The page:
If you could write a book in a different genre, what would it be about?
I consider The Dragon’s Ring’s genre to be upper middle grade/young adult. My stories range from picture books to young adult, and I actually already have a published pictured book, Calamity Cat. MeeGenius published it as an e-book on their site in 2013, but it now belongs to the Houghton Mifflin Harcourt Company. Hopefully, it will be included in their Curious World website in 2017. For the last three years I’ve been working on a contemporary YA mystery series. My teen sleuths meet and fall in love in London, where they become involved in an espionage plot. From there they travel to Paris, Rome and Edinburgh, solving murders and mysteries in each city. These books all began as NaNoWriMo (National Novel Writing Month) projects, for the November 2013 and 2014 challenge. I would love to find a publisher for this series.
Thank you for sharing, Debra!
No, thank you, Precious, for including me on your blogsite. It’s been a pleasure, and I’m happy to be able to connect with all your followers and readers.
Debra Daugherty is from Central Illinois, and is a member of SCBWI, Society of Children’s Book Writers and Illustrators. She enjoys living in the country with her two dogs, a Chihuahua named CeCe, and a rescued American Stratford Terrier named Honey. Besides writing children stories, Debra loves to spend time with her family, travel, and browse through antique shops. She also sews, knits and crochets, but writing takes up so much of her time, she hasn’t done much handiwork lately. She feels fortunate to have been able to travel to England, Scotland, Wales and Ireland, where fairies, unicorns, witches and dragons once roamed, if not in truth, in legend. Of the famous cities she’s visited, including London, Paris and Rome, London remains her favorite. She loves how the historical sites that are thousands of years old blend in with the modern day city.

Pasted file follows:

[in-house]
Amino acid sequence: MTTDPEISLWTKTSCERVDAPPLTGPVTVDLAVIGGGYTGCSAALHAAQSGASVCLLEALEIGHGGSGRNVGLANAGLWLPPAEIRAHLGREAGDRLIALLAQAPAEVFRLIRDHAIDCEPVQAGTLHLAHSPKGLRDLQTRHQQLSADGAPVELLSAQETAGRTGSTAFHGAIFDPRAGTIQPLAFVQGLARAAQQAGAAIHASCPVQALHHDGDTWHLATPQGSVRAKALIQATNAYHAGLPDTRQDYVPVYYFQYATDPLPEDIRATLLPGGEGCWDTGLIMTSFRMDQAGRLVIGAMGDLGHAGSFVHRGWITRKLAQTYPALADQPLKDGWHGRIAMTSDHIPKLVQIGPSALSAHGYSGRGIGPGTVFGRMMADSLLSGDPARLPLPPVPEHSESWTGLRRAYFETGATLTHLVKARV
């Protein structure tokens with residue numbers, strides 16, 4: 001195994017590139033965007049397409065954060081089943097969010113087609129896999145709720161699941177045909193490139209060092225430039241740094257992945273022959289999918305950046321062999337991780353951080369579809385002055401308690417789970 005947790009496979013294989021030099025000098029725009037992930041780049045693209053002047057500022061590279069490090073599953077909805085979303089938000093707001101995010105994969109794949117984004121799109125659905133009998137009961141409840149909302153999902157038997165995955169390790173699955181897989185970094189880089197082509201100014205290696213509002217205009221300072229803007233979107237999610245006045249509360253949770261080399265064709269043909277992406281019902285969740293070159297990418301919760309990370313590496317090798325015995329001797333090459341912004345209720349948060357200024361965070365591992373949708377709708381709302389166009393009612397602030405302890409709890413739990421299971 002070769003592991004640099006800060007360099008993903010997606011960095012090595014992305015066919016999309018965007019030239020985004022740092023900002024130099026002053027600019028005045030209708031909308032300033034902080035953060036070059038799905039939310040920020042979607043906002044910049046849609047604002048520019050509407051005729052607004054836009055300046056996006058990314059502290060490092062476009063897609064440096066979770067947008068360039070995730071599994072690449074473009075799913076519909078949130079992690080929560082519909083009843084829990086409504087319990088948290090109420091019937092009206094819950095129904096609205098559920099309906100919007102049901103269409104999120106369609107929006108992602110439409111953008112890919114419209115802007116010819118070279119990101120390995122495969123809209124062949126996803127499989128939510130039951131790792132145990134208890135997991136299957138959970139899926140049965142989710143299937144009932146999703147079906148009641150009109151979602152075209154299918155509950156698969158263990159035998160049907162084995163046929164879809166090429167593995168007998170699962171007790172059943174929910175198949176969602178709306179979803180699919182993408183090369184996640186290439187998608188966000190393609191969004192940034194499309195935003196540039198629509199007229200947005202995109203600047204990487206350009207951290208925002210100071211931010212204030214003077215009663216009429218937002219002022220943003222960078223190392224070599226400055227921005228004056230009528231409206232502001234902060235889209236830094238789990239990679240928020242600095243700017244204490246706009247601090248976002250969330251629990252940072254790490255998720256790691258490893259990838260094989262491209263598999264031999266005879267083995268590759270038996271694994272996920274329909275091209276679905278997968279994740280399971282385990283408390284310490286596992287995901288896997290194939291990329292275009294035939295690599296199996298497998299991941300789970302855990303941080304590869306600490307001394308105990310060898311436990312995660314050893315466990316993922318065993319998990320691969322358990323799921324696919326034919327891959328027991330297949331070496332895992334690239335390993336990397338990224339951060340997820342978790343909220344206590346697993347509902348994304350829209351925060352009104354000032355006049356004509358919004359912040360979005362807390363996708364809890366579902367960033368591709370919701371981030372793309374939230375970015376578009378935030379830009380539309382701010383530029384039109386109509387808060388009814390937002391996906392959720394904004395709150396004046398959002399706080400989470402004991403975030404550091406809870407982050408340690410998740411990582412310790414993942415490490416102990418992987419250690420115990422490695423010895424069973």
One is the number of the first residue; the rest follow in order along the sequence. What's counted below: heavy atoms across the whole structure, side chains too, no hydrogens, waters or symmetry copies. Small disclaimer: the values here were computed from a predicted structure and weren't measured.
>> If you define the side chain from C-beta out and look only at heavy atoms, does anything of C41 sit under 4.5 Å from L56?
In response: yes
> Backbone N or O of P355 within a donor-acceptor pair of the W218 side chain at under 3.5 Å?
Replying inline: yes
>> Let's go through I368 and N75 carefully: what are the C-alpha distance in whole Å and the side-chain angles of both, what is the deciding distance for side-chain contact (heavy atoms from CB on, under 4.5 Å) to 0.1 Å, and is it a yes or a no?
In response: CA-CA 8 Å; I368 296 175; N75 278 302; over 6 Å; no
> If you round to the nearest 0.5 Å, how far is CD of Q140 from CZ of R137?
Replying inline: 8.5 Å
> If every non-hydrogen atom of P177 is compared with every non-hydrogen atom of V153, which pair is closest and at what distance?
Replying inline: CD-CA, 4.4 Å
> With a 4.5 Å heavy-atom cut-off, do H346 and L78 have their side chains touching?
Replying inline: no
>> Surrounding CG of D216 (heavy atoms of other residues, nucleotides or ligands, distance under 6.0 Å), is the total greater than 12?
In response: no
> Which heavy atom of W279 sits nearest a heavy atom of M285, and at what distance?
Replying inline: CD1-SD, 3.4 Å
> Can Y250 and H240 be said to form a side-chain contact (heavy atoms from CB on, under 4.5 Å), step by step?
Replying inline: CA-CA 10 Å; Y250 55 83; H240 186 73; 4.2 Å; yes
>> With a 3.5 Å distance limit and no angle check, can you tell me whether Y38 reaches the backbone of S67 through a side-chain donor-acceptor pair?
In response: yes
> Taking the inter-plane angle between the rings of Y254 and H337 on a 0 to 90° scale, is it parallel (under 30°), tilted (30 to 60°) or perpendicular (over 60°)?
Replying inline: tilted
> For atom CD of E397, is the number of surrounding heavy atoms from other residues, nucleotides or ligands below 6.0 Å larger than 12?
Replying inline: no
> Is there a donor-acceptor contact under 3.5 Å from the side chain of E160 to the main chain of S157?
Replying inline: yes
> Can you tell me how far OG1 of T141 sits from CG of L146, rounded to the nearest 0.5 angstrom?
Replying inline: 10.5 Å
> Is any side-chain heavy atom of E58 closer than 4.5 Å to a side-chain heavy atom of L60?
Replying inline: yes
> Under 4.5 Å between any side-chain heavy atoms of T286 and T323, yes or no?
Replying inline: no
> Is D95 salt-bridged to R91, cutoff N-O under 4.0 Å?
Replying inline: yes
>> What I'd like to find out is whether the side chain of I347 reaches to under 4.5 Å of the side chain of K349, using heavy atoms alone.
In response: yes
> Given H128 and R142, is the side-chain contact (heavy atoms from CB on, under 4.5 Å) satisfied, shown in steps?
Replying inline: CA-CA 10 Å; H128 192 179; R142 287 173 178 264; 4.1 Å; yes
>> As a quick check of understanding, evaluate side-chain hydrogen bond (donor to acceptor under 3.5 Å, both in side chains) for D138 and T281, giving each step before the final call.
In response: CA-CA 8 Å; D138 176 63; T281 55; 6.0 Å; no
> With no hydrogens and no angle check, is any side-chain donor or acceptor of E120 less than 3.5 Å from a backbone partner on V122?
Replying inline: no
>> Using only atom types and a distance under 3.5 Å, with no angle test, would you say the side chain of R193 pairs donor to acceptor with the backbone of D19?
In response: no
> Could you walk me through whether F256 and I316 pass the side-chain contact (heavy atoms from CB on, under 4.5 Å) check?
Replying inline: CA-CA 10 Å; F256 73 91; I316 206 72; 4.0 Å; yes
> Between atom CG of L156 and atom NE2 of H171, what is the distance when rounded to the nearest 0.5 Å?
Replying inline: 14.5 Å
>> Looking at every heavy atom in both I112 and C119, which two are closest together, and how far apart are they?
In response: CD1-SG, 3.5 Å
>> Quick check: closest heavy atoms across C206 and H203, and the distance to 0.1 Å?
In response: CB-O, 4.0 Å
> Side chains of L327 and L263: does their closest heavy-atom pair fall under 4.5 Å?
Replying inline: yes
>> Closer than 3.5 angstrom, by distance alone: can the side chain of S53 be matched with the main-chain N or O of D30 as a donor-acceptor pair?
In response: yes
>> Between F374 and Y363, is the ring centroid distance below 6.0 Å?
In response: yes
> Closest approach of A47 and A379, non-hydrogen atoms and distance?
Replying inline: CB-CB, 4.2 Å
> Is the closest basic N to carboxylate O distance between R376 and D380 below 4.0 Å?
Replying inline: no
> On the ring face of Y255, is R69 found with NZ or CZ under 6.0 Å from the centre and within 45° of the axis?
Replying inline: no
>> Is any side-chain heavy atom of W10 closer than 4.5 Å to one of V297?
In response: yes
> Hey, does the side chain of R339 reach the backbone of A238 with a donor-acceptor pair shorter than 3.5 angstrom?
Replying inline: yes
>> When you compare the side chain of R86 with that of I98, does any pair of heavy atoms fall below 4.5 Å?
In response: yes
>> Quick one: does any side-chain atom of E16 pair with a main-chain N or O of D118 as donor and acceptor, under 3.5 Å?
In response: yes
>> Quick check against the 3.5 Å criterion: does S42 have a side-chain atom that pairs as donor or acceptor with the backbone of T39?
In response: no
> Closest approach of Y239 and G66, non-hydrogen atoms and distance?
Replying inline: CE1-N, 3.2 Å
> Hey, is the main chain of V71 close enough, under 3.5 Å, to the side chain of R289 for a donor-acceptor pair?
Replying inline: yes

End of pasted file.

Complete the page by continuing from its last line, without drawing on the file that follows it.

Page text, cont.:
Find Debra: Goodreads | Twitter | Facebook | Pinterest
Sir James Trueblood is determined to capture a unicorn so he can marry Princess Isadora. The knight begins his quest, not realizing the Princess is following him in disguise. On his journey Sir James encounters a witch and a dragon. With the dragon’s ring his mission is a success, but then he learns the unicorn will die if not set free. Now he has a dilemma; marry the Princess or free the unicorn.
Thanks to Debra for this giveaway!
What's up for grabs: Ebook of the Dragon's Ring
Scope: US and CA
a Rafflecopter giveaway
Treat yourself to a complete #CelebratingDebutantes2016 experience. Click the image below for the full schedule and links to the posts!